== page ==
Riverdale Season 2 followed the drama of The Black Hood; a serial killer out to cleanse the town of corruption, greed and sin. While the season started off strong with a griping mystery, it had a few missteps along the way that could've derailed the momentum. But did the first batch of episodes work overall?
We're taking a look back and breaking down the first nine episodes of Riverdale Season 2. What worked, what didn't work, and what absolutely needs to be fixed when Riverdale returns in 2018.
Check out the midseason report below! And don't forget, you can watch Riverdale online via TV Fanatic to get caught up on all the past drama.
1. Best Twist: The Black Hood's attacks The mystery of The Black Hood started so
10 Things You Didn’t Know about the Movie “Nighthawks”
Archie begins to feel targeted while Veronica and Jughead deal with family issues in a largely expositionary episode...
This review contains spoilers.
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Oh man. That ending. Wow.
Before I tackle that shocking final scene, let's go back to the beginning. The start of this week's instalment is a seemingly simpler (though still kind of shitty) time for Archie and the gang compared to where we are when the credits roll. As the episode opens, Jughead's narration informs us that Pop Tate's Chok'lit Shoppe is the "heart of Riverdale." And indeed it may very well be. In fact, the main reason that Betty makes saving Pop's into her crusade du jour
Movie Reboot Ideas I Can Get Behind: “Nighthawks”
Of course, we all know about Kurt Russell's epic run of action and sci-fi during this same period (starting with Escape from New York and ending with Stargate). It's arguable who's the better actor, but you have to give Stallone the edge for cultural impact during the 80s and early 90s.
You can go ahead and sheathe your Tweets, we are well aware that 1987’s Over the Top is a flawed piece of cinema. It’s called Over the Top for crying out loud; if ever the writing was on the wall. However, there is something about this spectacular failed attempt to take the sport of armwrestling mainstream that continues to delight and inspire this writer and the other hosts of the Junkfood Cinema podcast. If you currently sneer at “that movie where Sylvester Stallone armwrestles for custody of his son,” allow me to offer an argument in favor of Over the Top. Look, just read it, ok? Meet me halfway.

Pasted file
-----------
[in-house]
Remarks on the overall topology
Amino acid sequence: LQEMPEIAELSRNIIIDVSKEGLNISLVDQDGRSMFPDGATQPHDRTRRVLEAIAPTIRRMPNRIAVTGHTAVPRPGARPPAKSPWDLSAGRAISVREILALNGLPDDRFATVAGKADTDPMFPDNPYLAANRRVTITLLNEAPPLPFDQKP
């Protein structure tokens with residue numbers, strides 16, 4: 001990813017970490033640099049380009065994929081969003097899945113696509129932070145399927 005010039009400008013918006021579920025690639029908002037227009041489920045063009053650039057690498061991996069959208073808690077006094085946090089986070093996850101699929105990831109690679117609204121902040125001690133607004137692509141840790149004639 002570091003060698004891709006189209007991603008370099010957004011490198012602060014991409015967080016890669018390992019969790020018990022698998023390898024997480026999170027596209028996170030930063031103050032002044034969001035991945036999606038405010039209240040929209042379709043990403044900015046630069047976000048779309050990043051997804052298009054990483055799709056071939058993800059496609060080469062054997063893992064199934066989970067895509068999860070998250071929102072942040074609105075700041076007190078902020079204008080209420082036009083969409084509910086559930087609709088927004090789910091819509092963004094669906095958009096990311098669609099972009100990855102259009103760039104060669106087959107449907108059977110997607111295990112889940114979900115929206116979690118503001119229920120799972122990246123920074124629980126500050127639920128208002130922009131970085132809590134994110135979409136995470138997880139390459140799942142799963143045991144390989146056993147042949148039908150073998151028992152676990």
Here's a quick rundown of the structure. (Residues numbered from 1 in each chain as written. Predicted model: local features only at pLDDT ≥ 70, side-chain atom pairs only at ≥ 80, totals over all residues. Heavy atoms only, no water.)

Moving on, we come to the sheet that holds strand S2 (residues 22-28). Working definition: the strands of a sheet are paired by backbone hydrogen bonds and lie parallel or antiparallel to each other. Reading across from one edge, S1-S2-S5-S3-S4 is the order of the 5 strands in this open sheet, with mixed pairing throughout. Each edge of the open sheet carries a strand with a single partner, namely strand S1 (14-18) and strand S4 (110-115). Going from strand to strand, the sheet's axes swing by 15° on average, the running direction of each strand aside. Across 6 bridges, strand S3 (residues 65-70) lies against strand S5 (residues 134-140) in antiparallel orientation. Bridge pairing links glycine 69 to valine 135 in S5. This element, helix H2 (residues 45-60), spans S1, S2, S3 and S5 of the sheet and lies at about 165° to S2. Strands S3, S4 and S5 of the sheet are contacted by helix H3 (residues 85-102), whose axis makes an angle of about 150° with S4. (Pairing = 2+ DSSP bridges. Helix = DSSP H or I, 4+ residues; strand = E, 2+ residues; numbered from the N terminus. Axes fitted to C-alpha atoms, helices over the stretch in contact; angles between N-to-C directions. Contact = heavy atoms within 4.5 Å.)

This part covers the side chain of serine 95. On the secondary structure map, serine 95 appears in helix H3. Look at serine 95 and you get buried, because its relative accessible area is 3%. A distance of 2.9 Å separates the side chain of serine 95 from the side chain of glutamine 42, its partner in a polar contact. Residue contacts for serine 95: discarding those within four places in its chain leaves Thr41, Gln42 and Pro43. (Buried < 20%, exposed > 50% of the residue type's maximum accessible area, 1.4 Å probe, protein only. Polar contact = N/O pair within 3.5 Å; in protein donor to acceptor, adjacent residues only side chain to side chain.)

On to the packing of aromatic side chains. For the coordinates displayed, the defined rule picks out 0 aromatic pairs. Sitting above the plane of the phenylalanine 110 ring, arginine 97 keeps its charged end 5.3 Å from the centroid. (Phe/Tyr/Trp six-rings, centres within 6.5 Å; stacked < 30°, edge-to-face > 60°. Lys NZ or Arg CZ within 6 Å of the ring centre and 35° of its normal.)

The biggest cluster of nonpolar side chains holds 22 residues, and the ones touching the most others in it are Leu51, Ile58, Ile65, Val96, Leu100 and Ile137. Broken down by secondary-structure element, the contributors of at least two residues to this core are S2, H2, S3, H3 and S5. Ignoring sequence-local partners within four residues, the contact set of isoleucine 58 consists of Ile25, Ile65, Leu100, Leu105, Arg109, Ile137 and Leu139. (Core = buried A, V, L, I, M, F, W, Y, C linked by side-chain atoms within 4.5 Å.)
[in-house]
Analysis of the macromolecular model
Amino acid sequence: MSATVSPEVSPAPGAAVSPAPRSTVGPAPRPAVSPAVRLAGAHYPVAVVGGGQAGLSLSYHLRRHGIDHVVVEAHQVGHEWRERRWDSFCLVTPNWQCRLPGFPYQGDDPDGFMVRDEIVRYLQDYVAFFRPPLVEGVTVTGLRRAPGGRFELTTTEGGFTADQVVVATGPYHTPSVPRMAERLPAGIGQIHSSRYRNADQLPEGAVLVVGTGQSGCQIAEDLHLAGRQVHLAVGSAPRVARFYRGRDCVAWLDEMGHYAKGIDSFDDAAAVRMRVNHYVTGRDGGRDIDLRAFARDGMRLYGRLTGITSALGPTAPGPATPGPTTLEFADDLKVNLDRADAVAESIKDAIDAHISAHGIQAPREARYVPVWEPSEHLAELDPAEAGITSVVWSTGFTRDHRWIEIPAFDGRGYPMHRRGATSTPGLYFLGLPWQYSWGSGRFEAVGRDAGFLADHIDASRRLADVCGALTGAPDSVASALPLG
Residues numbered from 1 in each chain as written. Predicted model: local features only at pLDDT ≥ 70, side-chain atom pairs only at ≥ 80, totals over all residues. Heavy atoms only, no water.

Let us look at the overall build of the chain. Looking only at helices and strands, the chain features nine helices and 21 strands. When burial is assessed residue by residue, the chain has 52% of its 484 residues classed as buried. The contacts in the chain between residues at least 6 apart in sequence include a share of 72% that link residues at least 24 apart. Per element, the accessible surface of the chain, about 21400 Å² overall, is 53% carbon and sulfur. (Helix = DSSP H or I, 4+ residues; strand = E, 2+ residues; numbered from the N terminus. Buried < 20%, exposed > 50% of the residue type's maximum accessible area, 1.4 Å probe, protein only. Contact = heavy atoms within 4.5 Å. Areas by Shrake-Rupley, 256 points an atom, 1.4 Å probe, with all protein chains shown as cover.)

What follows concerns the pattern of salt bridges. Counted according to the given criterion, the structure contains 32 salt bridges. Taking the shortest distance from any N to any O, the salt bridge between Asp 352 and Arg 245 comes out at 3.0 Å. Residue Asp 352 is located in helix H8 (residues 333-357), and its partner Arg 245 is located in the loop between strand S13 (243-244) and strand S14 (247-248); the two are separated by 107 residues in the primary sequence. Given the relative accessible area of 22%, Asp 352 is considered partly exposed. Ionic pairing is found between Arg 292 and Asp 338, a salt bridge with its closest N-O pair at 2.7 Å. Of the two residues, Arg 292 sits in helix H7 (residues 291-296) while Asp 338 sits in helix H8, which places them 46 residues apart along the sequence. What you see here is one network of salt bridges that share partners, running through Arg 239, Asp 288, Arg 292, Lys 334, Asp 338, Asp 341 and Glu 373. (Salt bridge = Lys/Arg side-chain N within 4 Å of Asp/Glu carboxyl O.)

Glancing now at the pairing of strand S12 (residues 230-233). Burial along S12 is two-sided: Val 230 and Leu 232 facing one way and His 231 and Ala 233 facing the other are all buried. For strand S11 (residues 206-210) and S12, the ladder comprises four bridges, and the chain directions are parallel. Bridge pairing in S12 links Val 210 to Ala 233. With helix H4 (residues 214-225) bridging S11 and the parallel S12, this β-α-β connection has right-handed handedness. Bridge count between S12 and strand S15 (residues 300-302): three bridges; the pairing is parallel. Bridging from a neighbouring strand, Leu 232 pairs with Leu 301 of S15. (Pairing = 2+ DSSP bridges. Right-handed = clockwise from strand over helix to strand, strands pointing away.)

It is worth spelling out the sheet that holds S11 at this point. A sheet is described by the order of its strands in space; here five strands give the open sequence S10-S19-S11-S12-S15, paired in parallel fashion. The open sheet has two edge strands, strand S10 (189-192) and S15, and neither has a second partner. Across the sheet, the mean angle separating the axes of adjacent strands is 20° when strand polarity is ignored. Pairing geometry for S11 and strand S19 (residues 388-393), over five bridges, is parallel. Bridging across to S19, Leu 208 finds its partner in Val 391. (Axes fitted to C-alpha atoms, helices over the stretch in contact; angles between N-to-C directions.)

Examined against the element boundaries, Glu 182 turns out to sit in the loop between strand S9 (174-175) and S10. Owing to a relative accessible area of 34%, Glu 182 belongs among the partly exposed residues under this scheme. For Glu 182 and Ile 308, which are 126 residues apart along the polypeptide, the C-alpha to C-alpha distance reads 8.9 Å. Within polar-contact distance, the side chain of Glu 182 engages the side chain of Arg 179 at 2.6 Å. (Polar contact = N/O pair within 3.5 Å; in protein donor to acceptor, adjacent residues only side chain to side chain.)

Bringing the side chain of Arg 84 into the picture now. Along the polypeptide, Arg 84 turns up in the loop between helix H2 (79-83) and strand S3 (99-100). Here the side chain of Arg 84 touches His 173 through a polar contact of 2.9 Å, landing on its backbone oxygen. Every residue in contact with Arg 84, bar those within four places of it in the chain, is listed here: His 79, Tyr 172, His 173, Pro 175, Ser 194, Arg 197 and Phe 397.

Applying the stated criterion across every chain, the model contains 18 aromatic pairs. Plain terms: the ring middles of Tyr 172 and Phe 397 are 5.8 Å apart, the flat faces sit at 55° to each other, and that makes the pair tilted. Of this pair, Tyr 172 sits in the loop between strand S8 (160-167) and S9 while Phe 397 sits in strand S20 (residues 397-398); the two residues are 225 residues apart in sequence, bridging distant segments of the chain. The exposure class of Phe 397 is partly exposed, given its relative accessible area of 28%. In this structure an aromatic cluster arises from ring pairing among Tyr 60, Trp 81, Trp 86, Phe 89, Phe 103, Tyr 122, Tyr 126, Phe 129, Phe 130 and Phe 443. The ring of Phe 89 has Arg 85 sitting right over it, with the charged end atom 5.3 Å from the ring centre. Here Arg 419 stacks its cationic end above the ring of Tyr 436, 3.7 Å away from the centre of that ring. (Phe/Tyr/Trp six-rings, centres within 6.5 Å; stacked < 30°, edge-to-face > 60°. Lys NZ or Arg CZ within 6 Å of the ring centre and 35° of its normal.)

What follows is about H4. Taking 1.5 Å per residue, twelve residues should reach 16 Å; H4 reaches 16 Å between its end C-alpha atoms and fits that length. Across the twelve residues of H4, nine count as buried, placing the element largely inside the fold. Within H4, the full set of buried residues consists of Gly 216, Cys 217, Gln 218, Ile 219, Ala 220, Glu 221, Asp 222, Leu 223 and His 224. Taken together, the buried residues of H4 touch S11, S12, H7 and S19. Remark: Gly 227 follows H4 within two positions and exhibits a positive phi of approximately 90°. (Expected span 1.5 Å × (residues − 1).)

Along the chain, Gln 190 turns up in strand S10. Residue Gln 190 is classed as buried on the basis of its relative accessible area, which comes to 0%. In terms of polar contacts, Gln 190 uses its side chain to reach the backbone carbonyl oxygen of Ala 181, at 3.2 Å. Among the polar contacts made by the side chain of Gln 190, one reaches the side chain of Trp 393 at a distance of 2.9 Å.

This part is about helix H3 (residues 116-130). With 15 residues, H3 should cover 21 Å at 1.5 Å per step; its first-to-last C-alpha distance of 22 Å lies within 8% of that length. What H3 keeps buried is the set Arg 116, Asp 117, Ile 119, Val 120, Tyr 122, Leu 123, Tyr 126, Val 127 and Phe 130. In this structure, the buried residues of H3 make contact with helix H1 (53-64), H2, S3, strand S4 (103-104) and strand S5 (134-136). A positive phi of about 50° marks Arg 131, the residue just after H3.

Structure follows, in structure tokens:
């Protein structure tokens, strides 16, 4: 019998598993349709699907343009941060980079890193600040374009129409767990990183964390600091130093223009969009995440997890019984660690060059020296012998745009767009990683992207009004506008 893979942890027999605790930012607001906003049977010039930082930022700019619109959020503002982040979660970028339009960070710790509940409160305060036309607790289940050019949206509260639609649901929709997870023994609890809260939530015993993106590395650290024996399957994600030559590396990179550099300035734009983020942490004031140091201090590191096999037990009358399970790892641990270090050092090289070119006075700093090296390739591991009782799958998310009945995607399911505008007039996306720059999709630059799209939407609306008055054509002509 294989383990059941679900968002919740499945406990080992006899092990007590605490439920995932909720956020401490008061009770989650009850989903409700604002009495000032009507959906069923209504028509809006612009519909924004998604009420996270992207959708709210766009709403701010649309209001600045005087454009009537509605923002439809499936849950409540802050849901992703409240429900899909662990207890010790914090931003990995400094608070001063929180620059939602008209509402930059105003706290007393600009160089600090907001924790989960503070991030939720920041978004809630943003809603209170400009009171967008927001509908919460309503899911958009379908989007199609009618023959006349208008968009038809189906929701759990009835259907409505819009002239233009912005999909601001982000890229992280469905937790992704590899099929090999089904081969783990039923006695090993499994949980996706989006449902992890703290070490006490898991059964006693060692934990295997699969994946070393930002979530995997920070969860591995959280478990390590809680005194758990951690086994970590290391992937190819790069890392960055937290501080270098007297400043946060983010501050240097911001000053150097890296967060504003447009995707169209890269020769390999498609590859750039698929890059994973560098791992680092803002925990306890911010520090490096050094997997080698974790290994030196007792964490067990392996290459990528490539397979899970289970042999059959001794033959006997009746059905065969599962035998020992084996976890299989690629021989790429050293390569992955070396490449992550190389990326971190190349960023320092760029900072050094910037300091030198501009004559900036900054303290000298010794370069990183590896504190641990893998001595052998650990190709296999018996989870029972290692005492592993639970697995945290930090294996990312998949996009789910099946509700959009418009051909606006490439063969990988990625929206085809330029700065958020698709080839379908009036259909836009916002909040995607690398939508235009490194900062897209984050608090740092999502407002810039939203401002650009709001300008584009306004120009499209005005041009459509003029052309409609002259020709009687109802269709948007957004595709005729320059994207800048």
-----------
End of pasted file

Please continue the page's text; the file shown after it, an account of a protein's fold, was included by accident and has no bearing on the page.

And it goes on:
While the popular logline for Over the Top is not entirely accurate, it’s unquestionable that it is a silly movie. Truckers getting their faces smacked before armwrestling each other in sweaty diner back
[Read the whole post on screenanarchy.com...]
Producer Hawk Koch, who worked with him on five films, said “Paul was one of a kind. He was as smart and well-read as anyone I have ever come in contact with, and he was respected by all that knew him. Aside from the work, he loved music, literature, opera, and friends.”
Sylbert shared shared a second nomination for the 1991 Barbra Streisand film “The Prince of Tides.”
He was the identical twin brother of fellow production designer Richard Sylbert, who died in 2002.
Paul Sylbert’s career began with a production designer credit on an early TV show, CBS’ “Premiere,” in 1951 and work as a set decorator on the CBS series “Suspense” the following year and stretched through
In 1920s Boston, East Coast debutante Catharine Robb (newcomer Julie Lynn Mortensen) is dating the most eligible bachelor in the world, John D. Rockefeller III. Her future seems set: a dream life in the upper echelons of society. But Catherine finds her careful plans upended when she meets a young painter, Peter Whyte (Juan Riedinger), from one of the most beautiful places on Earth, the Canadian Rocky Mountains. Although their worlds are polar opposites, a mutual love of art draws them together. They soon face a universal question: Can you find “home” in another person? Inspired by the true story of the central couple,
“Sylvester Stallone’s performance in Creed has reminded us of what a true talent he is and what a joy it is to share in his successes as the many beloved characters he has created. Since he first hit the silver screen as Rocky Balboa nearly four decades ago, he has been a force in the industry both on film and behind the scenes. He is a true legend in our field, and it is our privilege to present him with the Montecito Award, and to continue to honor his legacy,
It feels like now – more than ever before – sequels have become the dominant form of life on Earth. They rule the release schedules of major studios, and they tend to make the most money at the box office; this might be good for business, but it doesn’t speak highly of their ability to come up with fresh ideas.
Sequels are regularly slammed for their inbuilt lack of originality, so it’s a surprise to learn that some “original” movies started out as follow-ups to something else. The reasons for this are varied; maybe the actors refused to come back for a sequel, but the studio felt the concept was strong enough to merit a movie anyway. Or maybe the story didn’t work as a sequel, so it was reworked into something else. In some cases the movie’s sequel origins are plain to see; and